The Commercial Service in Ukraine holds a positive long-term view on sales prospects for U.S. agricultural machinery and equipment manufacturers in Ukraine.  Although demand for agricultural machinery is directly tied to the health of Ukraine’s agribusiness, import volumes of agricultural equipment are traditionally high. 

Although Ukraine is a major global producer and exporter of crops, its agricultural sector is under-equipped, and much of its existing agricultural machinery is outdated.  According to the Institute of Agrarian Economics of Ukraine, in 2018 capital investments are approximately of $250 per hectare of agricultural land, or about 20 percent of actual need.  With anticipated growth of production volumes and delayed demand, Ukraine’s imports of agricultural machinery and equipment is expected to grow.  Operational need for agricultural machinery and equipment is estimated at $20 billion in 2025.     

Best Prospects include:



Tillage equipment

Seeding equipment

Sprayers and fertilizer distributors

In addition to the prospects for agricultural machinery used for plant cultivation, the following agribusiness sub-sectors are promising for U.S. companies:

  • Grain storage and handling
  • Irrigation Infrastructure
  • Agricultural chemicals, including growth enhancers and micronutrients


U.S. agricultural machinery companies contemplating entering the Ukrainian market should also consider the competitive landscape.  U.S. brands such as John Deere, AGCO, Great Plains, and Case are widely available in the Ukrainian market, but face tough competition from European manufacturers (e.g. German, Danish, and Italian manufacturers).  Competition is particularly fierce for tractors and harvesters.  In the combine harvester segment, German manufacturers hold almost fifty percent of the market (both new and used), while U.S. manufacturers have less than ten percent.  Competition from European suppliers would likely increase should Ukraine enter the European Union (EU).  The Deep and Comprehensive Free Trade Area (DCFTA) agreement, which is part of Ukraine’s EU Association Agreement includes the gradual removal of customs tariffs and quotas and an extensive harmonization of laws, norms, and regulations in various sectors.  Additionally, Canada-Ukraine Free Trade Agreement (CUFTA) envisages improved market access, by eliminating tariffs across many export groups.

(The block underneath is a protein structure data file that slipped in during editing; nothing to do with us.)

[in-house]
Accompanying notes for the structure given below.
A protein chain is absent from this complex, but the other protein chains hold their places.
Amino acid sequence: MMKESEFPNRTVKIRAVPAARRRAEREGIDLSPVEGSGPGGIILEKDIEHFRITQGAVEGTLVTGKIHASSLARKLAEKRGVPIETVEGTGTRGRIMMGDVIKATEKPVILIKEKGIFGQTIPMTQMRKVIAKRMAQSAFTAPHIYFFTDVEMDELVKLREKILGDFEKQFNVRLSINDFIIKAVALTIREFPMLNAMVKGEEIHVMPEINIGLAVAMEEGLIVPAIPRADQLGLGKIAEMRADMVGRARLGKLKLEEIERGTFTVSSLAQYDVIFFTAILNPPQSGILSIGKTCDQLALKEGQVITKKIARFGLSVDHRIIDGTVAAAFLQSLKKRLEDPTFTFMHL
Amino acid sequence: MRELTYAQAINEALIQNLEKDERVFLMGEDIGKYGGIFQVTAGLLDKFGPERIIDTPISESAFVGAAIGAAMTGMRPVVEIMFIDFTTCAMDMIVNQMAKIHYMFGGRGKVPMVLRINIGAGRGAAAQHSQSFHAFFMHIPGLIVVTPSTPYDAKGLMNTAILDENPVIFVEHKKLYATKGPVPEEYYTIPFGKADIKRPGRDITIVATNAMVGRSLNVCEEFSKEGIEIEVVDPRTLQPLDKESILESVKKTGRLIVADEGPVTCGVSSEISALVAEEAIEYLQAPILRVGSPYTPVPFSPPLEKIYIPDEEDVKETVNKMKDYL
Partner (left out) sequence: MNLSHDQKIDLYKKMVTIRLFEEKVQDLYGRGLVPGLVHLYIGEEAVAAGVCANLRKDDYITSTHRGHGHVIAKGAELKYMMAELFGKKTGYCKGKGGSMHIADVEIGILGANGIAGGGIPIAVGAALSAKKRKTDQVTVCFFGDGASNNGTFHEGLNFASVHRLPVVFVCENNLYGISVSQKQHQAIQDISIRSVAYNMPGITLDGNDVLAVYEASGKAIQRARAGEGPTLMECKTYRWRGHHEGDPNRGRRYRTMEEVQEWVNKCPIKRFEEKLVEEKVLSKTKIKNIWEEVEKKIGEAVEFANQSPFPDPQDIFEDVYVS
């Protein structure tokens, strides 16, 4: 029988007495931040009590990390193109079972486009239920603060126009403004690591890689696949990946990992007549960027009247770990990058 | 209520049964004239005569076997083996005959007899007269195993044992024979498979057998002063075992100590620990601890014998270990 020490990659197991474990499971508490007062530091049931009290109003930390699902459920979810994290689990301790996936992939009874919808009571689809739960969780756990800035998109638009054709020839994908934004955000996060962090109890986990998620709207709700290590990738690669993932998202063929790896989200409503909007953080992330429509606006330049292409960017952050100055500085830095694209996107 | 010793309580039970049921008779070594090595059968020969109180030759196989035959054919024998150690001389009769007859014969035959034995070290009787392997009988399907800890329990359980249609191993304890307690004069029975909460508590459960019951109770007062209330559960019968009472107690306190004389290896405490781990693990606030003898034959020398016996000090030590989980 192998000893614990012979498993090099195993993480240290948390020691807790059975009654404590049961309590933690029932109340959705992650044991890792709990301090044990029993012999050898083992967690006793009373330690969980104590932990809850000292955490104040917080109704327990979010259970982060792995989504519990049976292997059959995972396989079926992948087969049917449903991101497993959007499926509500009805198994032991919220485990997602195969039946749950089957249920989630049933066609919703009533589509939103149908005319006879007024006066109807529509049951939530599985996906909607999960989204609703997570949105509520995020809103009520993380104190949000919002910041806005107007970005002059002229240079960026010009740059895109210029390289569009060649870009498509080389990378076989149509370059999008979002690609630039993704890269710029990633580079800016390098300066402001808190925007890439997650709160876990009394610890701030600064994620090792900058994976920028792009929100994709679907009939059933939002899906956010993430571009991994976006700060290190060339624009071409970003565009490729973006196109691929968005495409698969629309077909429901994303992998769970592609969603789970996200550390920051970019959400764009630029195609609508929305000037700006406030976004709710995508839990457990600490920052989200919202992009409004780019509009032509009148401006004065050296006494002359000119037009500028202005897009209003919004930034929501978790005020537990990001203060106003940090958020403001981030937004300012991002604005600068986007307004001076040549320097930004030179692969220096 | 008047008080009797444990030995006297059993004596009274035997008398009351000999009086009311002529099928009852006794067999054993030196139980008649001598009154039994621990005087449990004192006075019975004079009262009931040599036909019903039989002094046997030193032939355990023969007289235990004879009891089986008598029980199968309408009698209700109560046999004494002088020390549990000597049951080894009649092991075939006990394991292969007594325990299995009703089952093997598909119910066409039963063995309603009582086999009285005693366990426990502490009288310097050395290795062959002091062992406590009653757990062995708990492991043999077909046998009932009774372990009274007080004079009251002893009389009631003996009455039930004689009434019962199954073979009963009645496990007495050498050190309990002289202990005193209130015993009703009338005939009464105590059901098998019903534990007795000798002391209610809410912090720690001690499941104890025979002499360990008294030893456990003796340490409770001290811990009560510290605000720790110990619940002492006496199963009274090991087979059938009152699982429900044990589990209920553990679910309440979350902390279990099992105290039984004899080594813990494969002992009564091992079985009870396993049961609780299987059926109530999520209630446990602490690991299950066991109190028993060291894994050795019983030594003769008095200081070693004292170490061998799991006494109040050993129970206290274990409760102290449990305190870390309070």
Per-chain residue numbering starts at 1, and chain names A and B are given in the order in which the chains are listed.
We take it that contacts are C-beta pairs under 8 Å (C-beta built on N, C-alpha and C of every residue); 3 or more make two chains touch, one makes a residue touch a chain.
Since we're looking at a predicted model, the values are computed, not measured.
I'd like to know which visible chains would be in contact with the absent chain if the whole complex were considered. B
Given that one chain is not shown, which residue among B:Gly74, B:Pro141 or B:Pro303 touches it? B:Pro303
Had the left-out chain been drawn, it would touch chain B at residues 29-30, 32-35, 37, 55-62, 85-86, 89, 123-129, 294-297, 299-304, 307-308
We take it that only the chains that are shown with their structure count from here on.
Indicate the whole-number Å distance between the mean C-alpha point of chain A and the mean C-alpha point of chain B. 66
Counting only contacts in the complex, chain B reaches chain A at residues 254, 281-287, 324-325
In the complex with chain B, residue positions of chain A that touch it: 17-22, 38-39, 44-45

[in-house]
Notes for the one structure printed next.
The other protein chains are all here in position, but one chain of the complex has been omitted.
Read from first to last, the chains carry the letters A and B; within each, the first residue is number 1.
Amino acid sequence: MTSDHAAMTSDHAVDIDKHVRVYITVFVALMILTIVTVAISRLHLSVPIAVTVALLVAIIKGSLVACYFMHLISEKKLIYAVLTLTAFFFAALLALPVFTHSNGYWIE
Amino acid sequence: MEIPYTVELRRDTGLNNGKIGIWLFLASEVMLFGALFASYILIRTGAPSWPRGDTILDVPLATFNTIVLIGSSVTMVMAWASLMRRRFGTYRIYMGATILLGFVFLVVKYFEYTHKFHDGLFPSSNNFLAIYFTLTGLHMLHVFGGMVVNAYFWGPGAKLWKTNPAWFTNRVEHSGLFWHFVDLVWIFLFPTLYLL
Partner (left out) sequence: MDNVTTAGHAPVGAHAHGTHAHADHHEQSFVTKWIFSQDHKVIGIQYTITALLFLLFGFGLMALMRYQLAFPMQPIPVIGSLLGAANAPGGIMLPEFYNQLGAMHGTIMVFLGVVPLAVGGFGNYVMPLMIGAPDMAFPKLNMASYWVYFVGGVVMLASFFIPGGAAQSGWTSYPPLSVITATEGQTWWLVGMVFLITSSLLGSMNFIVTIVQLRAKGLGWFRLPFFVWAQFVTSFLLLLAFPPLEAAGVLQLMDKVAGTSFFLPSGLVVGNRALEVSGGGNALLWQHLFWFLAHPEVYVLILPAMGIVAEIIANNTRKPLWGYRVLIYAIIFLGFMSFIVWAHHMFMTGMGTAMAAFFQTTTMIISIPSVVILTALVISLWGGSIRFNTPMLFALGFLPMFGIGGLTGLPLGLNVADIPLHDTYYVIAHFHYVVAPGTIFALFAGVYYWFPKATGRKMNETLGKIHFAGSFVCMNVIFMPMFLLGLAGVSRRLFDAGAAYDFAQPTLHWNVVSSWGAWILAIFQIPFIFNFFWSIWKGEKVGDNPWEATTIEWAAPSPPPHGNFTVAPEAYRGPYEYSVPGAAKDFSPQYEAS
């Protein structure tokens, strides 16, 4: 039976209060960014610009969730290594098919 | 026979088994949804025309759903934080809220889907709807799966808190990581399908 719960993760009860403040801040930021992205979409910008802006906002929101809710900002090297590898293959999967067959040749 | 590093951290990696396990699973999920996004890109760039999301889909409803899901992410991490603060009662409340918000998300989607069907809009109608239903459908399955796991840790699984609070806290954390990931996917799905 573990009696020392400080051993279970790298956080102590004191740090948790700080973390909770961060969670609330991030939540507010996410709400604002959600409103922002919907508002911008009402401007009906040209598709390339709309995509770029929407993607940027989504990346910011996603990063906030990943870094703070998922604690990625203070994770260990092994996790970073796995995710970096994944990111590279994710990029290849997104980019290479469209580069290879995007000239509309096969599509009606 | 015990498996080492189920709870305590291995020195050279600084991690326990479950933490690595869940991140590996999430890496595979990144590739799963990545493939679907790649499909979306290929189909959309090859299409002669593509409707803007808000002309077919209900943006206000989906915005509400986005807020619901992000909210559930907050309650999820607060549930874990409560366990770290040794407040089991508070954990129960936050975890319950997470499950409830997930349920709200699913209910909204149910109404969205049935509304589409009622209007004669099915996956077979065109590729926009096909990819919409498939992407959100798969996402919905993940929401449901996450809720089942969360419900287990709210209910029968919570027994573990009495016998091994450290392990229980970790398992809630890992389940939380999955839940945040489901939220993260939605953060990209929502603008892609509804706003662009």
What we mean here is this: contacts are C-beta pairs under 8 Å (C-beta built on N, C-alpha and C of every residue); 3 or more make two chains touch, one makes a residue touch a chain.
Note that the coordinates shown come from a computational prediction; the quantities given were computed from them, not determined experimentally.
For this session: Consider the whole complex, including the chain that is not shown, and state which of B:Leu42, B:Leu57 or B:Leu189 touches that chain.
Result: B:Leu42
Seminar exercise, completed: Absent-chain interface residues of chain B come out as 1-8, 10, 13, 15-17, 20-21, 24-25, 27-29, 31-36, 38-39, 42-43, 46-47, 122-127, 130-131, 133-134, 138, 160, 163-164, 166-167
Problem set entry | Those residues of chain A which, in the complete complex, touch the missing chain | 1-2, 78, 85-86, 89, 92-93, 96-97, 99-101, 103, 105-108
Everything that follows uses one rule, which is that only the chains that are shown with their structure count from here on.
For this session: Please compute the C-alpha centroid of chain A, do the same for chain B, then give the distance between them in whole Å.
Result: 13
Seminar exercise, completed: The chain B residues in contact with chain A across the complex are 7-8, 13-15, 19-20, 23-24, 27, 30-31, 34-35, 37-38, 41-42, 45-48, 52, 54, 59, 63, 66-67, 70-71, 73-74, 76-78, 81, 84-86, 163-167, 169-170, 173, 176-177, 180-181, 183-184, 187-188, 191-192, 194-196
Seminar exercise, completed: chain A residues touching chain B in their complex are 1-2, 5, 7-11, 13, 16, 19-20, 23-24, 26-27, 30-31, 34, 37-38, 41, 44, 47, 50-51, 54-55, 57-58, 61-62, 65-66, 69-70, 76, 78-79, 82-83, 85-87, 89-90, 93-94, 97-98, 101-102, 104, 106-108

Local agricultural machinery and equipment production is also expected to grow due to a Ukrainian Government program offering 25 percent support for the purchase of Ukrainian agricultural machinery and equipment.  However, according to the Center of Economic Recovery, in 2019 the market share of imported machinery in Ukraine remained high at 67 percent.     


The major factor restricting agricultural development is access to credit and working capital.  Domestic loans are expensive, and Ukraine’s challenging business climate prevents local companies from attracting cheaper international funds.  Therefore, the competition among suppliers of agricultural machinery in Ukraine is not only about quality, but also about a supplier’s financial terms.  A major trend in agricultural banking industry is operational capital financing for the purchase of plant protection products, seeds, fertilizers, and fuels.  Bankers are more willing to offer credit to agricultural commodity producers of grains, cereals, and oilseeds.

At the end of December 2018, after more than five years of suspended operations, the U.S. ExIm Bank reopened its short and medium-term programs in Ukraine for both private and public sector.  This action sends a strong signal to U.S. companies seeking to supply the Ukrainian market with U.S. agricultural equipment and services, since financing is a key factor for buyers considering equipment purchases.  For many years, Ukraine was the U.S. ExIm Bank’s most active portfolio in the region, with close to $140 million of long-term guarantees provided in 2012.